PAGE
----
Improved technology has saved numerous lives of patients suffering from a variety of ailments and disorders. But it has also led to increasing costs of healthcare – now a major challenge facing the United States and elsewhere.
Consider just the overall costs of U.S. healthcare. Some $2.6 trillion was spent in 2010. Contrast this with $1.3 trillion spent a decade earlier. In fact, one study shows every 13 years spending on health care doubles for cost of hospitals and doctor’s offices. Jonathan Gruber, an MIT economist and researcher at the National Bureau of Economic Research, says technology has indeed led to higher costs, but it may be able to lower the costs, too, according to the International Business Times.
One recent study cited by the Hastings Center said that new or added medical technology “contributes 40–50 percent to annual cost increases.” It was argued by the Hastings study that “Controlling this technology is the most important factor in reducing them. … Cutting the use of technology will seem wrong—even immoral—to many.”
Consider too that 40 percent of Americans said in surveys they believe that medical technology can always save their lives. “Unlike many countries, the U.S. pays for nearly any technology (and at nearly any price) without regard to economic value. This is why, since 1980, health-care spending as a percentage of gross domestic product has grown nearly three times as rapidly in the United States as it has in other developed countries, while the nation has lagged behind in life-expectancy gains,” according to a report from the MIT Technology Review authored by Dartmouth College professor Jonathan S. Skinner.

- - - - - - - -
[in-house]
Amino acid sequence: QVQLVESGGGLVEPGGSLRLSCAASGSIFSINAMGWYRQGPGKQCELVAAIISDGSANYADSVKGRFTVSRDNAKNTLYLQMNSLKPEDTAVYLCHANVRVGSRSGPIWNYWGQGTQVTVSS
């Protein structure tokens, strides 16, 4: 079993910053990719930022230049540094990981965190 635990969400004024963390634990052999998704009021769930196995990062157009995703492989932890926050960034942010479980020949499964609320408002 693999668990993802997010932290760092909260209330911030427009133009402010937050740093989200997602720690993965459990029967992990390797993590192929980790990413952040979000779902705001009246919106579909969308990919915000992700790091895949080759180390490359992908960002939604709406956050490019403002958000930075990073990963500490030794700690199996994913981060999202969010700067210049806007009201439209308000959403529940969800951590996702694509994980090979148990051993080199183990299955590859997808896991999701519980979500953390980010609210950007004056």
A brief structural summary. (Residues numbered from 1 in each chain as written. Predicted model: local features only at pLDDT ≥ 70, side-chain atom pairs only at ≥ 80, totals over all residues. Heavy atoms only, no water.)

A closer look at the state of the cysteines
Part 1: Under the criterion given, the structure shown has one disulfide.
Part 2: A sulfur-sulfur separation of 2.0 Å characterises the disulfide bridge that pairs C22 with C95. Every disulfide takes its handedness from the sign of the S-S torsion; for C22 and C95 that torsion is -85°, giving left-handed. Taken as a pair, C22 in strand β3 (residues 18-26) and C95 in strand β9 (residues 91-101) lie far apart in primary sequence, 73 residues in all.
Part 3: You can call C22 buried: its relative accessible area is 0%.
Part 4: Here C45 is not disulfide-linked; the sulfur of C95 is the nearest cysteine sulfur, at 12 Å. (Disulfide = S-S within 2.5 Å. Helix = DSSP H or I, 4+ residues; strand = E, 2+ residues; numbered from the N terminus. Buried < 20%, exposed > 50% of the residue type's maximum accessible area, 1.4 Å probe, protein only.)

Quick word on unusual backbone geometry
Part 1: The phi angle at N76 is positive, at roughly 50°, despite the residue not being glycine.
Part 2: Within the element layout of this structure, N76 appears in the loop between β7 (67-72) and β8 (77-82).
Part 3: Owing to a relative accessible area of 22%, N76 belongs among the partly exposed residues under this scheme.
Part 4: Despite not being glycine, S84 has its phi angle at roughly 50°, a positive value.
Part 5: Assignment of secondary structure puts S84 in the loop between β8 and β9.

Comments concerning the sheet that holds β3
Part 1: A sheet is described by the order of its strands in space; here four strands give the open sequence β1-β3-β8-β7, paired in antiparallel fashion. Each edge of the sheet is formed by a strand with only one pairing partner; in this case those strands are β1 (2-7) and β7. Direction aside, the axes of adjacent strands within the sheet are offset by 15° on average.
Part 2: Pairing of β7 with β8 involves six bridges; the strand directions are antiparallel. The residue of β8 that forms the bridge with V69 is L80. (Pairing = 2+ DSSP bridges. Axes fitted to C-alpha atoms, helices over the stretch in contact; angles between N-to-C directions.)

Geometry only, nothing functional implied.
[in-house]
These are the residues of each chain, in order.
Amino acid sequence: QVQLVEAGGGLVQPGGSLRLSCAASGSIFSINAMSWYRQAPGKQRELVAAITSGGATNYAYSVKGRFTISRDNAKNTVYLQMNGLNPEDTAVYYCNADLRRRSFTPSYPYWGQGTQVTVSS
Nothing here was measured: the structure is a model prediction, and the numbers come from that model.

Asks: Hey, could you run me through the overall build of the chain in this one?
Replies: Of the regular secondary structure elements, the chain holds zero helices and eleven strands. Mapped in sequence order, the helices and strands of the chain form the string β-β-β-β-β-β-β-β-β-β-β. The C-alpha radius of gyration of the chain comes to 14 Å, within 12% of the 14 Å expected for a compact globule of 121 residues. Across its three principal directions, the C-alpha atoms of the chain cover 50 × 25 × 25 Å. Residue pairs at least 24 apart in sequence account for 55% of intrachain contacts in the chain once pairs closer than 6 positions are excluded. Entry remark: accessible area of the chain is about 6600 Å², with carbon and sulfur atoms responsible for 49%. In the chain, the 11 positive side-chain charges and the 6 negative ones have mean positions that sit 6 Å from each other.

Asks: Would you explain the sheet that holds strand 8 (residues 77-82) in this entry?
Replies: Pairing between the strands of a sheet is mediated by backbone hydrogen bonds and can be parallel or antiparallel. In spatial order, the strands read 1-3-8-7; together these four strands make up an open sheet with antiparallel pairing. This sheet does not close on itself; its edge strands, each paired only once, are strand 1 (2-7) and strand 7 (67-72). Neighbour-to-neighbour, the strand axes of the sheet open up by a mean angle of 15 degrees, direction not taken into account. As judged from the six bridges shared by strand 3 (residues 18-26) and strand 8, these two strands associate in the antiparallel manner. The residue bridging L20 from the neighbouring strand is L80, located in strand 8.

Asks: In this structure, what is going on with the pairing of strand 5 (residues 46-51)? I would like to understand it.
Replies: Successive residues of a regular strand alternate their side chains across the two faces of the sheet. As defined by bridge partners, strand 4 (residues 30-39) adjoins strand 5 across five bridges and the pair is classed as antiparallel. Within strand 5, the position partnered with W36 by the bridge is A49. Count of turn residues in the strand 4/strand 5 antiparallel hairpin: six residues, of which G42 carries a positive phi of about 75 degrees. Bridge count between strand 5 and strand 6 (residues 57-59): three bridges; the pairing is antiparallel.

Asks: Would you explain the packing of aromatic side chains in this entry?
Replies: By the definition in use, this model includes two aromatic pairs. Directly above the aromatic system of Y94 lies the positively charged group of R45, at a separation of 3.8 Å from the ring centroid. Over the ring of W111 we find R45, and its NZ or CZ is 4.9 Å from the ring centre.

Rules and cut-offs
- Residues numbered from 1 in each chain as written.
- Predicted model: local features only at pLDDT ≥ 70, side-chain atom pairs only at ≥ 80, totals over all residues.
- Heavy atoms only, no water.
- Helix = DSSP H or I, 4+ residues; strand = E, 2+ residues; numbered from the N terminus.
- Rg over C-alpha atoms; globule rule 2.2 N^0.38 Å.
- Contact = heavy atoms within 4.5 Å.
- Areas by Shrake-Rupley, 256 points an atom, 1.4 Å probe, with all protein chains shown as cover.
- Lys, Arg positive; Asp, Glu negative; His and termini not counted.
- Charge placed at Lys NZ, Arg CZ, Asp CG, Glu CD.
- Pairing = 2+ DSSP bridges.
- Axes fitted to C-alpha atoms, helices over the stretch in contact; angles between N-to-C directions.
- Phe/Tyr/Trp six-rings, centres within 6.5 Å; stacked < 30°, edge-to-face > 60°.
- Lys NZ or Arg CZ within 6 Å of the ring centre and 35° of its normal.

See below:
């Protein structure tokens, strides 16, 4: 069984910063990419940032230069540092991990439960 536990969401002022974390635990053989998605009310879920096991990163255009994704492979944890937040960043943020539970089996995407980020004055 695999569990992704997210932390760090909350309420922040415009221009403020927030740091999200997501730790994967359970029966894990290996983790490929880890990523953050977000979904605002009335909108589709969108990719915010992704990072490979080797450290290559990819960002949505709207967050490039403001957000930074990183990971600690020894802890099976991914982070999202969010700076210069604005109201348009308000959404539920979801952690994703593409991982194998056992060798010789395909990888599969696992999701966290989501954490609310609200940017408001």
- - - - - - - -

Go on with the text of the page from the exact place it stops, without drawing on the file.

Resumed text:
He also reported that “0.5 percent of studies on new medical technologies evaluated those that work just as well as existing ones but cost less.” There is, he says, “nearly complete isolation of both physicians and patients from the actual prices paid for treatments.”
What are his recommendations to face this dilemma?
“We should pay only for innovations that are worth it, but without shutting out the potential for shaky new ideas that might have long-term potential,” Skinner said. He cited how researchers Steven Pearson and Peter Bach want to see Medicare covering innovations for three years. “If there is still no evidence of effectiveness, Medicare would revert to paying for the standard treatment,” Skinner summarized their arguments.
The other recommendation is to better organize the health-care system. There needs to be “greater emphasis on organizational change, innovations in the science of health-care delivery, and transparent prices to provide the right encouragement. This means smartphone diagnostics, technology to help physicians and nurses deliver the highest-quality care, or even drug container caps with motion detectors that let a nurse know when the patient hasn’t taken the daily dose,” Skinner said. “The overall benefits from innovation in health-care delivery could far exceed those arising from dozens of shiny new medical devices.”
As the United States struggles with the implementation of Obamacare, concern about technology just doesn’t relate to websites offering insurance products. The nation needs to also look at technology in use at hospitals and doctor’s offices.
Edited by Stefania Viscusi